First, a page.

As I review my journal accounts from our recent three-month road trip in the U.S. and Canada, I’m reminded of just how rewarding it was. For the most part, Kay and I structured our travel around visits to you, our friends and family. Staying in touch with you long distance via email and social media is one thing, but when we’re with you in person, face to face, and in your homes, we feel reconnected and our friendship renewed.
Chicago is known as a city of neighborhoods, of which Beverly, on the city’s far southwest side, is one. It is special to me because it is where I lived full-time from the age of five with my family until I left for boarding school at fourteen and thereafter where I lived part-time during school holidays until I left more-or-less permanently to take my first full-time job in Michigan. My family remained in Beverly, and my sister Janis married and raised her children there. She still lives only a few short blocks from where she and I were raised. For these familial reasons, Beverly has always been part of my life. Over the decades, I’ve returned countless times for visits.
Most of you who are our friends and family know that each year Kay and I spend the last two weeks of July attending the annual conference of a literary society. Each year it is held in a different European venue. This year’s was Vico Forte, a small village with a large church in beautiful Piemonte (“foot of the mountain”) of northwestern Italy that borders France and Switzerland. This is a rich, bountiful region, and although our conference activities kept us intensely busy morning, noon, and evening, our program did include group visits to sights we might not have discovered on our own. Continue reading Piemonte
FARIT (Friends of the American Research Institute in Turkey) has been sponsoring guided tours to destinations near and far for years. Since we’ve lived in Turkey, Kay and I have subscribed to quite a few. Although organized touring is not our favorite way to travel, we make an exception for FARIT’s because a) the number of participants is not large, b) they attract an international group of well-travelled, well-educated participants, and c) they are led by exceptional guides. This last feature has special importance for us.
We had been told that Bruges was just like Ghent but with more tourists. The part about tourists was spot on; however, to us, Bruges felt very different. Bruges is a handsome city, to be sure.
There is probably more historic architecture there than in Ghent, and like Ghent, Bruges has its share of canals. Their difference is in their levels of liveliness. Ghent with its large student population and active locals seems like a real town, whereas the center of Bruges seems to have been given over almost entirely to tourists, many in large groups. The result is that the streets of Bruges have a museum-like feel. Of course, these opinions are based solely upon the impressions of only a few days and might change with longer acquaintance.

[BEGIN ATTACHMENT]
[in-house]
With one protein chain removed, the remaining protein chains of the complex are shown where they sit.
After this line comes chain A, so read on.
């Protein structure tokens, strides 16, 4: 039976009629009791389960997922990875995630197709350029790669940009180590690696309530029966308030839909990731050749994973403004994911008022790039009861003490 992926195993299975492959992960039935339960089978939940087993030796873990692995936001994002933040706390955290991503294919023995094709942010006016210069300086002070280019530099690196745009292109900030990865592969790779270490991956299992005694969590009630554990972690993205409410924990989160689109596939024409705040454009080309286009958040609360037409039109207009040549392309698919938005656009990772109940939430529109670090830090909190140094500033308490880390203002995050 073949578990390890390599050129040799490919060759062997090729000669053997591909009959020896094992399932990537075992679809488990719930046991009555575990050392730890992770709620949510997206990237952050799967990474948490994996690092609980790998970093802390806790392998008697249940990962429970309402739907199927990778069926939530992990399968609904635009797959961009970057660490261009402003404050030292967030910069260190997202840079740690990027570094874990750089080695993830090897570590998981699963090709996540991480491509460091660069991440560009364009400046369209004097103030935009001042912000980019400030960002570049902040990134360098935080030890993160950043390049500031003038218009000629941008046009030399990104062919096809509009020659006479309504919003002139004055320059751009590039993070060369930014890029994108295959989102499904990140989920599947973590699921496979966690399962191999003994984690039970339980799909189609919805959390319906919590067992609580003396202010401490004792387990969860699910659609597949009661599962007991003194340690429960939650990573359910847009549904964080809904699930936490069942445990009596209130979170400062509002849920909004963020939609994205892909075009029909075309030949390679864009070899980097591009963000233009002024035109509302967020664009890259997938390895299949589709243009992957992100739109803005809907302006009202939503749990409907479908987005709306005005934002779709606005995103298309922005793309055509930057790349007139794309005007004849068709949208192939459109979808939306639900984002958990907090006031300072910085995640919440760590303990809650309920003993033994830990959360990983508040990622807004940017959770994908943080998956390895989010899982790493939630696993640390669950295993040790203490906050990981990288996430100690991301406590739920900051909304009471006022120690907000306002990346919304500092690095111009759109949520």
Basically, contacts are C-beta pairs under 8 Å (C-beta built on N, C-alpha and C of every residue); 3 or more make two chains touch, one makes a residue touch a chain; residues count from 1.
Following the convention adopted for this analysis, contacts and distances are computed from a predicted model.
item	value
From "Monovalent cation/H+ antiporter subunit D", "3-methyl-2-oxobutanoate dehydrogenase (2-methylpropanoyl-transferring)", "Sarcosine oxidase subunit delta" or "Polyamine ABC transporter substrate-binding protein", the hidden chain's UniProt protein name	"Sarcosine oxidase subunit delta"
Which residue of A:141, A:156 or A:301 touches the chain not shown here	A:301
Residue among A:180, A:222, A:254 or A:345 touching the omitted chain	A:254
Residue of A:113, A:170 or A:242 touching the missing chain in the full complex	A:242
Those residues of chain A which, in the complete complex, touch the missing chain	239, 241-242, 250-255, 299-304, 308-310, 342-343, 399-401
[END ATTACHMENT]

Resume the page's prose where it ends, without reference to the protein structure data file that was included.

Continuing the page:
You might wonder how we arrived at our itinerary of the Benelux cities. Well, no rigorous thinking was involved, and there was no magic in the number 4. We simply read cursory descriptions of the towns and cities we had in mind and then relied on intuition guided by experience to determine how long to spend in each. Of course, we were somewhat constrained by the parameters of time, money, and physical endurance. Thus, we chose to spend an average of four days in each place. Our stay in Lisse was shorter since our only goal there was to experience the beauty of the seasonal flowers, while we spent an extra day in both Antwerp and Brussels because of their size and interest.
In our traveling lives, Western European destinations have always loomed large. We’ve returned time and again to the big countries – The United Kingdom, France, Germany, and Italy. When we’ve thought of the smaller places, it’s often been with the idea that one day we’d go there. Well, that day came this spring for the Netherlands, Belgium, and Luxembourg, collectively known as Benelux.
“Curiosity killed the cat, but satisfaction brought him back.” Proverb
The land of Tunisia, on the North African Coast, sandwiched between the giants of Libya and Algeria has long been on my bucket list of countries to visit. Why? Because of what I’ve read of its history and heard of its culture. I have friends who have spoken glowingly of the weeks and months they’ve spent there. And the fact that of all the countries that experienced the Arab Spring, Tunisia is the only one seeking political change that has at least partially achieved it.
What makes Berlin so attractive to us? Kay and I are city people, and when I ask myself why, I am reminded of what Dr. Samuel Johnson said centuries ago about his own city of London: “When a man is tired of London, he is tired of life; for there is in London all that life can afford.” If I replace “man” with “man or woman” and “London” with the names of the any of the world’s renowned cities, I have answered my own question. Great cities appeal to us because of their great variety. To “great” I’ll add “surprising.”
No! July is probably not a good time to travel in Croatia or anywhere else in Europe below the Arctic Circle. Nevertheless, we do travel then, each year to attend our literary society’s annual two-week conference somewhere on the continent. Recent venues have been in Poland, Spain, Italy, France, and, of course, Croatia.